With the Shenandoah unable to proceed any further into the Sea of Okhotsk, the crew reluctantly abandons Siberian waters and start sailing out through the Kuril Straits, and towards the Arctic Circle. For three weeks there has been only one prize. The Officers are muttering about the captain, the mates are fighting duels (sort of) in steerage, and Captain Waddell is no doubt getting buttock clenching practice as he navigates his ship through fog without hitting ice or land. But what is that off in the distance? Is it a fleet of sails. No, it’s a fleet of whales! And if there are whales, can whalers be far away?
With a large part of the crew recovering from the biggest (and northernmost) hangover of their lives, the Shenandoah attempts to continue its cruise in the Okhotsk sea, off the coast of Siberia.
Following the shipboard breakdown in discipline due to staggeringly immense quantities of liquor they captured from the whaler Abigail last week, what more could go wrong for the officers of the Shenandoah? Well, try waking up in the middle of the night to the sound of ice hitting the hull, and coming up on deck to find an ice storm raging. How will the Shenandoah avoid the fate of Franklin’s ship the Erebus, where the crew went mad and ate each other? Find out in episode 33 of Shenandoah Down Under, the one with the pack ice…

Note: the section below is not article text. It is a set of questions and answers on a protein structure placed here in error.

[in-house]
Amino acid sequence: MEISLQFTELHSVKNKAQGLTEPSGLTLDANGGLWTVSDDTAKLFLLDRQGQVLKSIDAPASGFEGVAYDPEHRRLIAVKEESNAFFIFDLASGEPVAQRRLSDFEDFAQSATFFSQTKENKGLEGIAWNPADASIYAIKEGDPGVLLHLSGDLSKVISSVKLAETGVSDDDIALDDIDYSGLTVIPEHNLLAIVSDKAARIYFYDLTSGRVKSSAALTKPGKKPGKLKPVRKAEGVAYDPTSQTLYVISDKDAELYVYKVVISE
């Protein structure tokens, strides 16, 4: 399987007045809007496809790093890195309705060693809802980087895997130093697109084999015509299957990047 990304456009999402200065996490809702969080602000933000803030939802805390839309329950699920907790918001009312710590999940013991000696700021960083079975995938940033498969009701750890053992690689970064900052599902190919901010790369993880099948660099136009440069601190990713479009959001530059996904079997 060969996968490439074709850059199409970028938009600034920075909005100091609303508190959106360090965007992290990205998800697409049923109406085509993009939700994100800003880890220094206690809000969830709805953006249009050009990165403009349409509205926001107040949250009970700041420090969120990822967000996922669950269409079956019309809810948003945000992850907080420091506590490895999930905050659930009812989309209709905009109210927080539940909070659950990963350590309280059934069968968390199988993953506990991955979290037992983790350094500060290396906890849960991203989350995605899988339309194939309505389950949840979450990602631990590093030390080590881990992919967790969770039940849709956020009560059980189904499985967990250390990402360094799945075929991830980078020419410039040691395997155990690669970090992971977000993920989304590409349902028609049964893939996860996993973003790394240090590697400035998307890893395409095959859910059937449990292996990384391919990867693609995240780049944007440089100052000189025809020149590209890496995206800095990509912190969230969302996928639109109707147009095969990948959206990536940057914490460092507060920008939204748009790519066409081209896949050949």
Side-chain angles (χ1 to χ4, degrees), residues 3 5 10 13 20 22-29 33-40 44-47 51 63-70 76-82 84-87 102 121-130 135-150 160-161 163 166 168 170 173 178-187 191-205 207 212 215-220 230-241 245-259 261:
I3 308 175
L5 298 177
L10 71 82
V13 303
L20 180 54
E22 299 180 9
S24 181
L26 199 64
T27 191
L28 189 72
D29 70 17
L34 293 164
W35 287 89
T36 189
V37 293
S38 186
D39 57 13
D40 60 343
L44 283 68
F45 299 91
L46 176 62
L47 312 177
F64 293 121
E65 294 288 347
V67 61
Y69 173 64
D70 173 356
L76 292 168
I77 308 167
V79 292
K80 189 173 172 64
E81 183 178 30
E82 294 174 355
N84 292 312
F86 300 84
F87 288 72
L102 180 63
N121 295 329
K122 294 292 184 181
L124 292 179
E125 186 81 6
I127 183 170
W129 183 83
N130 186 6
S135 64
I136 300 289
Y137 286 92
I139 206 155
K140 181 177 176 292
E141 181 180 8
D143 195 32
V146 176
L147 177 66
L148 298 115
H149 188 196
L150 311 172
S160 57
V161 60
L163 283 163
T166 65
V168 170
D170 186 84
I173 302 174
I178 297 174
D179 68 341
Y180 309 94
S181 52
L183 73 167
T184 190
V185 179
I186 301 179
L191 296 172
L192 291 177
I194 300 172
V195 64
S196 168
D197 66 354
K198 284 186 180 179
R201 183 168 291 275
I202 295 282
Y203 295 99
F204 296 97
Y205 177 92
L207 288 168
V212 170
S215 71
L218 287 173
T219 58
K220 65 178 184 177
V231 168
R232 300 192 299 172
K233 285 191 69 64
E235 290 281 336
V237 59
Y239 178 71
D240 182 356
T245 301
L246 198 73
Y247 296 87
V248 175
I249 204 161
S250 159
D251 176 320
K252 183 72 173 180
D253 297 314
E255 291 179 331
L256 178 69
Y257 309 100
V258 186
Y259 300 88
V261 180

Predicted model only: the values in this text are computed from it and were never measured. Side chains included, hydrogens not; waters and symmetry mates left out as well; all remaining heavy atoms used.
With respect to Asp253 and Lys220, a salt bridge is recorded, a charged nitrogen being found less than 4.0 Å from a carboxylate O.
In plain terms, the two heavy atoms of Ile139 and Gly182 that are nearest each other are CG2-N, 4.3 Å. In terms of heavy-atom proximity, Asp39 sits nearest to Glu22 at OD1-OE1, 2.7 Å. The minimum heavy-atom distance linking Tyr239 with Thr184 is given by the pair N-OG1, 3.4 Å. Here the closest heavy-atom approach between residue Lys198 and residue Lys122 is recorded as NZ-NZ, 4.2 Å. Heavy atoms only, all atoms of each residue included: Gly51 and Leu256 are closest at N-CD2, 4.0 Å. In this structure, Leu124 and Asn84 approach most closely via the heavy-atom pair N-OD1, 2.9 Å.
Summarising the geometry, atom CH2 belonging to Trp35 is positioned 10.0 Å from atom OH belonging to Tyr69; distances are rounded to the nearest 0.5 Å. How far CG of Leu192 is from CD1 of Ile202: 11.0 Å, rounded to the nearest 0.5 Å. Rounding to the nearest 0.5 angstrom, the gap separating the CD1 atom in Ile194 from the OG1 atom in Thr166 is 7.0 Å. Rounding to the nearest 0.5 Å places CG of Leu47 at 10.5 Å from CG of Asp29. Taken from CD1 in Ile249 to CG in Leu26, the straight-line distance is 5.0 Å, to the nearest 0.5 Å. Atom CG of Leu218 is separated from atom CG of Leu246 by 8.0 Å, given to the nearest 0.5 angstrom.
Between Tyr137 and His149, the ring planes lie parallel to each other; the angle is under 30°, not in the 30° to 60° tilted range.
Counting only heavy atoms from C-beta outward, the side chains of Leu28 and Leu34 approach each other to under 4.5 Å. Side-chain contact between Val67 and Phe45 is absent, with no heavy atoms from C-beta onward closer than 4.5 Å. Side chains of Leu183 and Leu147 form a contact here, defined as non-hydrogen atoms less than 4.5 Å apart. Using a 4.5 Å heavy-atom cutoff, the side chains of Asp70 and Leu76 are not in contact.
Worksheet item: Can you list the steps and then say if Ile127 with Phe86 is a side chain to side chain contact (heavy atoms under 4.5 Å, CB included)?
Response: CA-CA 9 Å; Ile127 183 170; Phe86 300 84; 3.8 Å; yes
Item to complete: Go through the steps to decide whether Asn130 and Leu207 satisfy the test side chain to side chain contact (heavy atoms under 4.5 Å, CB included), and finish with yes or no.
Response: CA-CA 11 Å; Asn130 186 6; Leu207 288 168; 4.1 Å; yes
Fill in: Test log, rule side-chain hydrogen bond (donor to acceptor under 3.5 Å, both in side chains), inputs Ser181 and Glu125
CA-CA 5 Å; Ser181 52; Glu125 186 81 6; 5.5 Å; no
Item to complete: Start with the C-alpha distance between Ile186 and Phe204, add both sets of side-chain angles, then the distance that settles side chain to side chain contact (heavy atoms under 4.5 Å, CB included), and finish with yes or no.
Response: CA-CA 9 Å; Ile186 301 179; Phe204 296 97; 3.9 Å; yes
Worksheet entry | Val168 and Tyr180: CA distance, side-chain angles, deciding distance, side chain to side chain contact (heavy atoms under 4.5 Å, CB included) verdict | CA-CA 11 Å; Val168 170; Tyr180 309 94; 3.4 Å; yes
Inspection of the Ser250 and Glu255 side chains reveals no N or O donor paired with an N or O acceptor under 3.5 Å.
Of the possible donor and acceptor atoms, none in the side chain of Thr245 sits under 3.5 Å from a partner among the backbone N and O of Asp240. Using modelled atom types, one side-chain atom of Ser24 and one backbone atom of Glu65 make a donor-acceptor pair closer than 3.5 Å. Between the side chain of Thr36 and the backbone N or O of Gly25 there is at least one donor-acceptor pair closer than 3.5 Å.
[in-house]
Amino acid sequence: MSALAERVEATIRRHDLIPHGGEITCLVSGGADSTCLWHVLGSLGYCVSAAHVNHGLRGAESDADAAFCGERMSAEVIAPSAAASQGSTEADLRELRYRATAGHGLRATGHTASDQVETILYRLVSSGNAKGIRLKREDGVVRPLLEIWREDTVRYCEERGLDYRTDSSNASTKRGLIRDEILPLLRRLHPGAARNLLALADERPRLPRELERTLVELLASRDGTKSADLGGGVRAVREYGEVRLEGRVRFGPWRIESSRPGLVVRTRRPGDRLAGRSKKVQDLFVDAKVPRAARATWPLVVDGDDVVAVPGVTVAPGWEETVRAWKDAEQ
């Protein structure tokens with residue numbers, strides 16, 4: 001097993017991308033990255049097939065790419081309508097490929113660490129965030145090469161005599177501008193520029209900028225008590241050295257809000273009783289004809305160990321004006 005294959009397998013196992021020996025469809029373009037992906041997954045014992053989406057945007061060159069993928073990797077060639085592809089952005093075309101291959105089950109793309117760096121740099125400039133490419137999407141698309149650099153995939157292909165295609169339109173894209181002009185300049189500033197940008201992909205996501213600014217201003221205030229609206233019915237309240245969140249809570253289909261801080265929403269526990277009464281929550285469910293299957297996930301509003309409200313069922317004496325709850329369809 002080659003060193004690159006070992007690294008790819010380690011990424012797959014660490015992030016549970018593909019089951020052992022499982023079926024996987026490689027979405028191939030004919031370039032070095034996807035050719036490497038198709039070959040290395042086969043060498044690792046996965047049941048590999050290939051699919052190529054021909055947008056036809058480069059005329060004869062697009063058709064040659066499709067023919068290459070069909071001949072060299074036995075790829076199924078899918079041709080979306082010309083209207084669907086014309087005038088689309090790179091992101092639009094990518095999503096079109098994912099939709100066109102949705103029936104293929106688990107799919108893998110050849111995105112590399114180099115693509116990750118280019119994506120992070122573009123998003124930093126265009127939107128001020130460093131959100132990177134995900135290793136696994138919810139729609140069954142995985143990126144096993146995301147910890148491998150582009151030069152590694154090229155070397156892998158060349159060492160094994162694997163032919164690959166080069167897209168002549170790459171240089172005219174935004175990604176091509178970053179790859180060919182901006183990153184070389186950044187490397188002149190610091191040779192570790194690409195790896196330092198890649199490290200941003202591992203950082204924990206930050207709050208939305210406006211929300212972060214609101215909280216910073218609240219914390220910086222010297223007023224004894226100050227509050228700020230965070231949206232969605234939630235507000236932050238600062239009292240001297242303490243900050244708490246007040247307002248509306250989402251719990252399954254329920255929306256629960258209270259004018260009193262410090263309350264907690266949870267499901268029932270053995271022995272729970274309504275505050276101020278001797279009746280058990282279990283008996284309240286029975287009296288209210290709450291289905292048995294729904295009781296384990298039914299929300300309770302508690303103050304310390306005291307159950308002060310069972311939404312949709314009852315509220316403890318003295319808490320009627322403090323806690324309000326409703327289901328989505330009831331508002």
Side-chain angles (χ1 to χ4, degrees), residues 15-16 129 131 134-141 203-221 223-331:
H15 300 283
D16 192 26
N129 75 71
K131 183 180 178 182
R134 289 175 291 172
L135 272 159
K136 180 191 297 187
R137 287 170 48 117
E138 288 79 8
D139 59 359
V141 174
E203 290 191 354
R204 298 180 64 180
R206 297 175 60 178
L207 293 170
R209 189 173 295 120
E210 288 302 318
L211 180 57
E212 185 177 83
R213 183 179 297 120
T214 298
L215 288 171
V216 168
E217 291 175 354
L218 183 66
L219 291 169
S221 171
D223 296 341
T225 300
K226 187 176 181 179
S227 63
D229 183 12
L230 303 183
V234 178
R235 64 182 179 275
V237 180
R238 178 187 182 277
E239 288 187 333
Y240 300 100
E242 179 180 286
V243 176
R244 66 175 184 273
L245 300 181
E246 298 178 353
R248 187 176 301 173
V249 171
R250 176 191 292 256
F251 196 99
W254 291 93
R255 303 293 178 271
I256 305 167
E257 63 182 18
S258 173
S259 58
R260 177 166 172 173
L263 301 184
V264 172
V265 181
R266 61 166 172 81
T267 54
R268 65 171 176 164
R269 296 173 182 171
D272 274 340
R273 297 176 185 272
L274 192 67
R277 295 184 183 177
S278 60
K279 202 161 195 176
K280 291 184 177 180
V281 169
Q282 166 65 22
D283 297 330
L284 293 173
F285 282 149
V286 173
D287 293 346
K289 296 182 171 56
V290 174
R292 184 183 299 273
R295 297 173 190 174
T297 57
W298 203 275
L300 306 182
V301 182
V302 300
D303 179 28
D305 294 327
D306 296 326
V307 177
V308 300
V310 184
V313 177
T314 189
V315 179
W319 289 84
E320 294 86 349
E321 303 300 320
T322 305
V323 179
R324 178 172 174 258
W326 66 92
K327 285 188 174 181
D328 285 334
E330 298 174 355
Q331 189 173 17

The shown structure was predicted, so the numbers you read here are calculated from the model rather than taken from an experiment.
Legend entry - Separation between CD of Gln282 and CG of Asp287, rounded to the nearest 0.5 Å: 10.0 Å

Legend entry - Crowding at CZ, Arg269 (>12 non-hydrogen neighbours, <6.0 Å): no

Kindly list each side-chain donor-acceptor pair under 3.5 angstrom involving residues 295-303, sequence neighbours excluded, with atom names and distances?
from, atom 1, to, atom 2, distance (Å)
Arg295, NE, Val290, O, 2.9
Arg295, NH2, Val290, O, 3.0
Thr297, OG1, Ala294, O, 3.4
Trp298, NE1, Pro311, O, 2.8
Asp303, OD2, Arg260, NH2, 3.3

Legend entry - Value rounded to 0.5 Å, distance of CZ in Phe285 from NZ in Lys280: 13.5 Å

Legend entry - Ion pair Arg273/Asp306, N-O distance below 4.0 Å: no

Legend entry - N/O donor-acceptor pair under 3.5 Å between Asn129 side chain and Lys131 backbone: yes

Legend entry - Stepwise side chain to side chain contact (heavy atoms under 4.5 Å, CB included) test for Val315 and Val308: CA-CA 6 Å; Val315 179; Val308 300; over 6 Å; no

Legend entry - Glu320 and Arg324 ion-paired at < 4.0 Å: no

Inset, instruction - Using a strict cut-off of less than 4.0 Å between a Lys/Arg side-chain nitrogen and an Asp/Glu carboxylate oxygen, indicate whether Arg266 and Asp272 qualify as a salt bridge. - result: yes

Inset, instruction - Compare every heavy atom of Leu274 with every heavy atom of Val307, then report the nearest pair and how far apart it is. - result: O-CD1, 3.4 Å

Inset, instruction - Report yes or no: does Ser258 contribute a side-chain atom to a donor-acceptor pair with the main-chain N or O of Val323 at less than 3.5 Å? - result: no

After a month of little excitement, the CSS Shenandoah captures the whaler Abigail, in the Okhotsk Sea off the coast of Siberia. The Abigail is carrying twenty barrels of whale oil, but also has fifty barrels of brandy, rum, whiskey and gin, together with 180 cases of ‘assorted spirits, wines and ciders’ on board. To make things plain, that is a lot more liquor than whale oil. Quite what Captain Nye of the Abigail was doing with so much alcohol has been lost to history, but it was labelled, ‘for medicinal purposes only’, so clearly he was careful of the health of his crew and of the local Inuit.